Twenty-first century homes will not be like the childhood home you remember.
Changing lifestyles, advances in home technology and green building trends -- with a focus on cost savings and energy efficiency -- are beginning to reshape how homes are constructed today.
How would you like to drive home from work and have the ability to touch your iPhone to turn up the heat or switch on the lights before you arrive.
Or what about living as part of a 400-acre farm that is a sustainable community, where you can work with the animals and learn about organic gardening.
Let's take a look at these evolving changes in home building.
Green building trends
Serosun Farms in Hampshire is an exclusive sustainable community like no other in the suburbs. Centered around a working farm, houses -- from smaller cottages to country estates -- will sit in clusters on 114 distinctive one-acre lots amid acres of open space, restored prairie and woodlands.
The developer adheres to design guidelines and other requirements for green building, and its green building team partners with contractors and vendors that provide sustainable materials and products.
Although Serosun Farms features a whole new level of sustainable living, mainstream builders also offer green options as buyers show more interest in aspects of green building, especially in regard to energy efficiency.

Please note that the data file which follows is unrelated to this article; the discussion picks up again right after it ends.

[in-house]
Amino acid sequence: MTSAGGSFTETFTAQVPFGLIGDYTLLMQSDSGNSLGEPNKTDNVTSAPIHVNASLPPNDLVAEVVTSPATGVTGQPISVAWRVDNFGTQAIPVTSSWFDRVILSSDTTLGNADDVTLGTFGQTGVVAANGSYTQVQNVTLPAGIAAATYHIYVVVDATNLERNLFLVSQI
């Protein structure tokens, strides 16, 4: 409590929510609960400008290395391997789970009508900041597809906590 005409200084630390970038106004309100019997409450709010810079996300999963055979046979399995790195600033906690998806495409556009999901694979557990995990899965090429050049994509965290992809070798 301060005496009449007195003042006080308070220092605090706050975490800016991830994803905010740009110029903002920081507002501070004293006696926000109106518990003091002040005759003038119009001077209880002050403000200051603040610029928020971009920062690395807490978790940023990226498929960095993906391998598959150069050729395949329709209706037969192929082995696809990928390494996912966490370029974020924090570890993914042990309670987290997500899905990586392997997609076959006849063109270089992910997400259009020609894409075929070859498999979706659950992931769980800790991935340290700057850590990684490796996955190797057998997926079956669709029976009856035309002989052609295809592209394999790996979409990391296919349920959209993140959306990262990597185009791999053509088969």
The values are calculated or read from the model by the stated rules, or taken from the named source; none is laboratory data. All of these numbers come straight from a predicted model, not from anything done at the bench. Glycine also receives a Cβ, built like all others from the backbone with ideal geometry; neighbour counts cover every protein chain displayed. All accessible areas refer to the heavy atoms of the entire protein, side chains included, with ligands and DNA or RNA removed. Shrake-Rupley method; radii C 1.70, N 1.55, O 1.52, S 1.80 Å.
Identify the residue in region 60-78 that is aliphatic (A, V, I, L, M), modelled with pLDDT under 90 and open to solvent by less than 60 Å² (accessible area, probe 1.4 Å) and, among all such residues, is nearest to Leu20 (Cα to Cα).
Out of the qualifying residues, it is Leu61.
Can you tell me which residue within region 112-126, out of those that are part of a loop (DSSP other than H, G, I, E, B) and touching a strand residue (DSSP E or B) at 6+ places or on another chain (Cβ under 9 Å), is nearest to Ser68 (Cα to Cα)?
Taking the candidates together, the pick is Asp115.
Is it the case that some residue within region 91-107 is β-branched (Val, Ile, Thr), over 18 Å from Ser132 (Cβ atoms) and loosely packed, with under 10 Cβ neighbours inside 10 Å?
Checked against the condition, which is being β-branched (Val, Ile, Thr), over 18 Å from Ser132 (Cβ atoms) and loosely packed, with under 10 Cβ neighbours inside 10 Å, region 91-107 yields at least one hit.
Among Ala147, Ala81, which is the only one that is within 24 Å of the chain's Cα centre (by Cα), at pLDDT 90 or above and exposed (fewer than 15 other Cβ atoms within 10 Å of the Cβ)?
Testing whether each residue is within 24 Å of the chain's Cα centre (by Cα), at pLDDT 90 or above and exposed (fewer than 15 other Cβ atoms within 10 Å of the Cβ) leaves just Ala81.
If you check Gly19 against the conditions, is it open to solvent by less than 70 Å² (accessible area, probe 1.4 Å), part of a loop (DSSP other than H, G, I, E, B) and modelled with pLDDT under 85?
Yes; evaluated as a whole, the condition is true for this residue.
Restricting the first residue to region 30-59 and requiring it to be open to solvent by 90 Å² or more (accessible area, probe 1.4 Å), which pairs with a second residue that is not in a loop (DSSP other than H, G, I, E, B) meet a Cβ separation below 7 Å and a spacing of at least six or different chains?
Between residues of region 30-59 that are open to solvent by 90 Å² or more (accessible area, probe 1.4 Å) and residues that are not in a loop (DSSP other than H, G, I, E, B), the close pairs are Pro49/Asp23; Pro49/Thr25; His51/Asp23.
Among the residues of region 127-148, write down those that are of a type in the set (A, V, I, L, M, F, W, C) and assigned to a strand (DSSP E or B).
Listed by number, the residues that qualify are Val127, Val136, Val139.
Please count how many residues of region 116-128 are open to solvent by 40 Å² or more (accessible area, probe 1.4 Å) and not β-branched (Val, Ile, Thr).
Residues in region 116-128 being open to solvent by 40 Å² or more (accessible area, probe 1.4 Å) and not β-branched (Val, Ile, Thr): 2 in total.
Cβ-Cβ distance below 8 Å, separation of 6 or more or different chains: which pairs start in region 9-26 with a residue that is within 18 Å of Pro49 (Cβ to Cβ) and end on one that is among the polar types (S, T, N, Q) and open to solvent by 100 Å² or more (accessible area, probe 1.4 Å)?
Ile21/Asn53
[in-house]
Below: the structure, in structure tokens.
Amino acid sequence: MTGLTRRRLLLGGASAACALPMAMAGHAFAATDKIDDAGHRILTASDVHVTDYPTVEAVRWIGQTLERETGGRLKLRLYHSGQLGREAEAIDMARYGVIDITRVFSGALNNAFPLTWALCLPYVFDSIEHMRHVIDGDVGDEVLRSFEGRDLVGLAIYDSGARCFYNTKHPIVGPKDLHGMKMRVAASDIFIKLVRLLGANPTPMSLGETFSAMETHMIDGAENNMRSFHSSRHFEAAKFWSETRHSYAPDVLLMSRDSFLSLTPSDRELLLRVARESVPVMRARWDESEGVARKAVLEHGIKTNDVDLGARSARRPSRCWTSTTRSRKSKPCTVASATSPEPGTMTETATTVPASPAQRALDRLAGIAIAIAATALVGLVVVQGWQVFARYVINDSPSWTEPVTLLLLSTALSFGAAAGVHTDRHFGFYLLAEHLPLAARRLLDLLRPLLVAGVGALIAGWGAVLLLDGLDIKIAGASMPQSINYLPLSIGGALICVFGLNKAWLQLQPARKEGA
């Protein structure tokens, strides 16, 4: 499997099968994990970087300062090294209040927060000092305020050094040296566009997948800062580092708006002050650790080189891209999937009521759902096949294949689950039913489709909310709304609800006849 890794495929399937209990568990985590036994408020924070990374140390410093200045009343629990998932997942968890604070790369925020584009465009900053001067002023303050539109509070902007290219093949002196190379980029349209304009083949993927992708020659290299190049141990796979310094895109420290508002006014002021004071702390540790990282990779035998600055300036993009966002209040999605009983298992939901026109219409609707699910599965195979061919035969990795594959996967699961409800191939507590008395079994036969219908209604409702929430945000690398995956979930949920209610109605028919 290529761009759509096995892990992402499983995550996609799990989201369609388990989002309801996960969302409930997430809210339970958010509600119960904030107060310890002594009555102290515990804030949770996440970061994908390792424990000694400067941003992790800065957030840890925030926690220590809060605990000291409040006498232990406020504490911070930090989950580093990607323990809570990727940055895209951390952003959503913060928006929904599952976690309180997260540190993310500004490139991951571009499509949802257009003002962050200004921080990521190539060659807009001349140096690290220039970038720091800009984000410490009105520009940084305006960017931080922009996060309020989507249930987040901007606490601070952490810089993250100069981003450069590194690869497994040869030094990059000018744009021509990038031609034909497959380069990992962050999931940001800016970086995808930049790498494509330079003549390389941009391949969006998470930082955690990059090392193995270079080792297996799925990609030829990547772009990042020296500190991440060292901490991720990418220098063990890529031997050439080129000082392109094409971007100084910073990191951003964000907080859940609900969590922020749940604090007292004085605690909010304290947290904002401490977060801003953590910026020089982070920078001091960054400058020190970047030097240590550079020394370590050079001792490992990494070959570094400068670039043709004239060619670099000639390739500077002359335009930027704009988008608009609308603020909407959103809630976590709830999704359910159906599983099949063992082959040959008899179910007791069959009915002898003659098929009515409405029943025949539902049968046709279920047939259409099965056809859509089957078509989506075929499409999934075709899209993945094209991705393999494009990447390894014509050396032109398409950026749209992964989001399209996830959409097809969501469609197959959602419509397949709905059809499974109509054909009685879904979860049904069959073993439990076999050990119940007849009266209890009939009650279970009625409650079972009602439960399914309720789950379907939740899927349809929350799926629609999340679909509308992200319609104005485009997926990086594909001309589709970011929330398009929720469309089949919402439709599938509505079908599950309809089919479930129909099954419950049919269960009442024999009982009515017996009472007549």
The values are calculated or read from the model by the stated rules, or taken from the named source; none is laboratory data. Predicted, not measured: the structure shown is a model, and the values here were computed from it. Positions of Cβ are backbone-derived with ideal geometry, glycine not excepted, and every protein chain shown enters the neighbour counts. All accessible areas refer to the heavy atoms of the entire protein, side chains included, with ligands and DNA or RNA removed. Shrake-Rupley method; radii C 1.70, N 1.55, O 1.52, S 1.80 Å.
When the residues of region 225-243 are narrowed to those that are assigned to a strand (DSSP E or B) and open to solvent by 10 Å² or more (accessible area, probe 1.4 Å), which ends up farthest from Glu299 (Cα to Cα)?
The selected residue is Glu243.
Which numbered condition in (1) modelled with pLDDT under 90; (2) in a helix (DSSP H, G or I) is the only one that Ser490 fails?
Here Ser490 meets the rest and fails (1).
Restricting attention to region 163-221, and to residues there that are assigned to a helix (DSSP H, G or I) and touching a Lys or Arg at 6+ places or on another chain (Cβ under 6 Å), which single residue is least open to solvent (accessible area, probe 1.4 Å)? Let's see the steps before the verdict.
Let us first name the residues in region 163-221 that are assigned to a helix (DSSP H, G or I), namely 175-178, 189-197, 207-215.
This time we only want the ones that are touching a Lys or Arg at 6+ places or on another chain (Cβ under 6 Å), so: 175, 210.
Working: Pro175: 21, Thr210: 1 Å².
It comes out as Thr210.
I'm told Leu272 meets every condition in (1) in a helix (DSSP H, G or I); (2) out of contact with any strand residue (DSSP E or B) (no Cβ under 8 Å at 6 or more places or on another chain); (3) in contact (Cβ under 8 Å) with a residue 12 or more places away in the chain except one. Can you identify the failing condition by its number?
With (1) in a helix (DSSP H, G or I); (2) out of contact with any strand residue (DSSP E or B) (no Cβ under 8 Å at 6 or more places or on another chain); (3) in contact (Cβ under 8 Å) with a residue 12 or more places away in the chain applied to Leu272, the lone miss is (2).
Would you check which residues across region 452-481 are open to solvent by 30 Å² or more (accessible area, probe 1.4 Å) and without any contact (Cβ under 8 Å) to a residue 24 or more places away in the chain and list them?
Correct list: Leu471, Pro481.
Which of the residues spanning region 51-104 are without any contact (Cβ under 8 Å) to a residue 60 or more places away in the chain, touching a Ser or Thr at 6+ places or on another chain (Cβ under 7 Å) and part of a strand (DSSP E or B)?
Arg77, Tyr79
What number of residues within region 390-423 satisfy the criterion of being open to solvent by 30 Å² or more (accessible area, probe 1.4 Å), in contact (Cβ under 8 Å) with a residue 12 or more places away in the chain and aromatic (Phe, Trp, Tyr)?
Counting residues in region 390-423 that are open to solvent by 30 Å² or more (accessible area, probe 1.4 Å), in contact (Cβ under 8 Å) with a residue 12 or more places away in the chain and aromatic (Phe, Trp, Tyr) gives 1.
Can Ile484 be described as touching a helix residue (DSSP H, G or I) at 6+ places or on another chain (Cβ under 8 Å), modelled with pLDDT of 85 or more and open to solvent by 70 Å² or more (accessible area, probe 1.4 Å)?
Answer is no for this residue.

With all things considered, greener alternatives are less expensive than in the past. Therefore, interest is growing and green design and products are creeping into the mainstream.
Ray Blankenship, area vice president of K. Hovnanian Homes, says that while prices have gone down, green options are not as inexpensive as some of the other features people select for their homes
"We incorporate some green features as standard because they result in a better-built home," Blankenship said. "We use high efficiency furnaces, water heaters and windows, things like that -- things that save the buyer money.
"But otherwise, most people don't want to pay the premium for green features. We still offer green flooring such as cork or bamboo, but people aren't spending the money on it. They're upgrading to a prettier cherry, oak or maple floor.
"We're making headway with things that can save them money, but with things more visual, they're sticking with the standard items."
Bamboo flooring is considered a green building product because it is made from a fast-growing wood, rather than old-growth forests.
At Serosun Farms, green is anything but standard.